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Why did the Flyers hire Vigneault? Mindset

In Chuck Fletcher’s season ending press conference, he said that changing the team’s mindset was as big a need as adding players to the roster. Hiring Alain Vigneault hammers that point home.

New York Rangers v Montreal Canadiens - Game One Photo by Minas Panagiotakis/Getty Images

Chuck Fletcher’s first move of what should be an eventful off season was to hire former Rangers, Canucks and Canadiens head coach Alain Vigneault to replace interim coach Scott Gordon behind the bench of the Philadelphia Flyers.

Vigneault brings a very good resume to South Philly. Two trips to the Stanley Cup Final, 8 seasons where his team piled up 100 or more points in the last 12 he’s coached. The 2007 Jack Adams award and a career .588 winning percentage. Vigneault is the most accomplished coach the Flyers have had since Peter Laviolette. He’s the most accomplished to come in to start a season since Ken Hitchcock. The fact that the Flyers went totally outside their organization with a coach with Vigneault’s track record speaks volumes.

During their break up day interviews, both Fletcher and Gordon stressed that the Flyers needed to change their approach. Both men noted the Flyers were spending way too much time in their own end, with Gordon talking about the forwards needing to be more willing to drive to the net in the offensive zone, as well as cleaning up zone entries and turnovers. He compared the desperation teams felt in their defensive zone being applied to the offensive zone.

Fletcher said pretty much the same, chalking it up to changing the mindset of the team. “There’s things I think we did improve as the year went on, but there’s that mindset that has to change a little bit from our group, recognizing situations, better details, better habits. That has to be as big a focus as just adding players. It starts with me and then it goes to the coaches and then it goes to the leaders, to the players. It’s not just mindset, it’s actual details. It’s doing things the right way repeatedly. That’s how you gain confidence and that’s how you learn to play the right way.”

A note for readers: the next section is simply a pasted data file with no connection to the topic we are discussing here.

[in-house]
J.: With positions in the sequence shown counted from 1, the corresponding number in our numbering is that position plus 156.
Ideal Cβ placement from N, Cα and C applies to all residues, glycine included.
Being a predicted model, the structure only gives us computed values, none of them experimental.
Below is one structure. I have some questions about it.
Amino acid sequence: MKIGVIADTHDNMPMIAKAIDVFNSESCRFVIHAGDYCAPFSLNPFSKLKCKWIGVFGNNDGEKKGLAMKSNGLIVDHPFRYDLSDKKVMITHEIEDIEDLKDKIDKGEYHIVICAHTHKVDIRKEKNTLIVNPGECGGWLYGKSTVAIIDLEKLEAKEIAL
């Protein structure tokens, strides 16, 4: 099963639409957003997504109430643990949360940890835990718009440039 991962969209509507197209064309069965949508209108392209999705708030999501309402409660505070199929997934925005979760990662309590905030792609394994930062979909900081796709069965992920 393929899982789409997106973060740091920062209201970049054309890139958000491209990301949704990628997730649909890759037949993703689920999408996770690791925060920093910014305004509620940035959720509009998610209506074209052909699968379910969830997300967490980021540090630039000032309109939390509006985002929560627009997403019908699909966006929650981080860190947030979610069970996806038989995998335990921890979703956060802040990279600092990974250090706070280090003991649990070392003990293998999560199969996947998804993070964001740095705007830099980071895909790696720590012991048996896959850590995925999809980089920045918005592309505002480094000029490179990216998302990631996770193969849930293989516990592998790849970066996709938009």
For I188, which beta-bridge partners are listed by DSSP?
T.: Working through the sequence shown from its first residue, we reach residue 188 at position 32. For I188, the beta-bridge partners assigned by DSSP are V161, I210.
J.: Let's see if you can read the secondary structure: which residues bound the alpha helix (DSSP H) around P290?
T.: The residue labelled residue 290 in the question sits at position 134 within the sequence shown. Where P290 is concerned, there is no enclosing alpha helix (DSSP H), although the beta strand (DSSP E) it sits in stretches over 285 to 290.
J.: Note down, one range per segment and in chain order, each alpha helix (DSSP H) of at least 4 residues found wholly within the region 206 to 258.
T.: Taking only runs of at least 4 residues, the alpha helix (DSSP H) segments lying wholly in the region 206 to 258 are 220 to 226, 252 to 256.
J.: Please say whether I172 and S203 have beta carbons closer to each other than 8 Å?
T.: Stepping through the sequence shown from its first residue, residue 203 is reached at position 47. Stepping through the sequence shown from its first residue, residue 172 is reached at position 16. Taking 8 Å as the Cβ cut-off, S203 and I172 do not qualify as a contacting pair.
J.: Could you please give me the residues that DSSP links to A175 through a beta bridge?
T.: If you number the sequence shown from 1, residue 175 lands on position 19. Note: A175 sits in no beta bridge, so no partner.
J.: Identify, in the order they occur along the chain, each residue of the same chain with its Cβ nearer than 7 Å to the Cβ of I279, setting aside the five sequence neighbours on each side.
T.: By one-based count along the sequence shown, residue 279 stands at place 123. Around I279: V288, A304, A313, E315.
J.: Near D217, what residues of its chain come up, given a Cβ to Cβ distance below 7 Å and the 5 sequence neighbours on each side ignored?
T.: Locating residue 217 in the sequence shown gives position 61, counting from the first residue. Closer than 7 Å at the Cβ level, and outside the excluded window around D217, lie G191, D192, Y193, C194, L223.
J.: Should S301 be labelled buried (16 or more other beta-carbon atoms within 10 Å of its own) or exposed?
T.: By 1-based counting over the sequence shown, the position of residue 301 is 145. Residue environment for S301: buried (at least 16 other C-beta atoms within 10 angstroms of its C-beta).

Fletcher’s fast hire of Vigneault will draw criticism, especially since the Flyers didn’t publicly interview anyone else. News only broke over the weekend that they had asked permission to speak to Vigneault. However, given the level of importance Fletcher put on changing the team mindset it’s likely Fletcher didn’t consider popular up and coming coaches like Sheldon Keefe of the Toronto Marlies or Dallas Stars assistant Todd Nelson. Even if those guys are bright and full of great ideas, Fletcher wanted a known quantity.

Despite his denials, it’s been reliably reported by outlets in Philadelphia and Florida that the Flyers made an offer to Joel Quenneville prior to his acceptance of the Florida Panthers head coaching job. If Fletcher was looking for a coach with similar cache, the list of candidates was going to be short, regardless.

Fletcher and Gordon seemed to be on the same page with a lot of their criticisms of the Flyers play last season, and based on Vigneault’s system in New York, I think there will be a similar meeting of the minds. Vigneault preached pressure and forcing mismatches. His system emphasized skating and counter attacking with speed. The Flyers have the skill to play that way, but they need to execute a good deal better than they have in the past. That’s where the mindset change comes in.

Gordon, to his credit, noted the issues that hurt the Flyers. However, in his 50+ games as head coach, he was unable to really correct it. Fletcher is betting Vigneault can. It’s the first big wager of the Fletcher Era in Philadelphia and it will have some massive implications. If Vigneault can be as effective as he was in Vancouver and his first 4 years in New York, Fletcher will be a big winner. If not, Flyers fans might end up as the losers.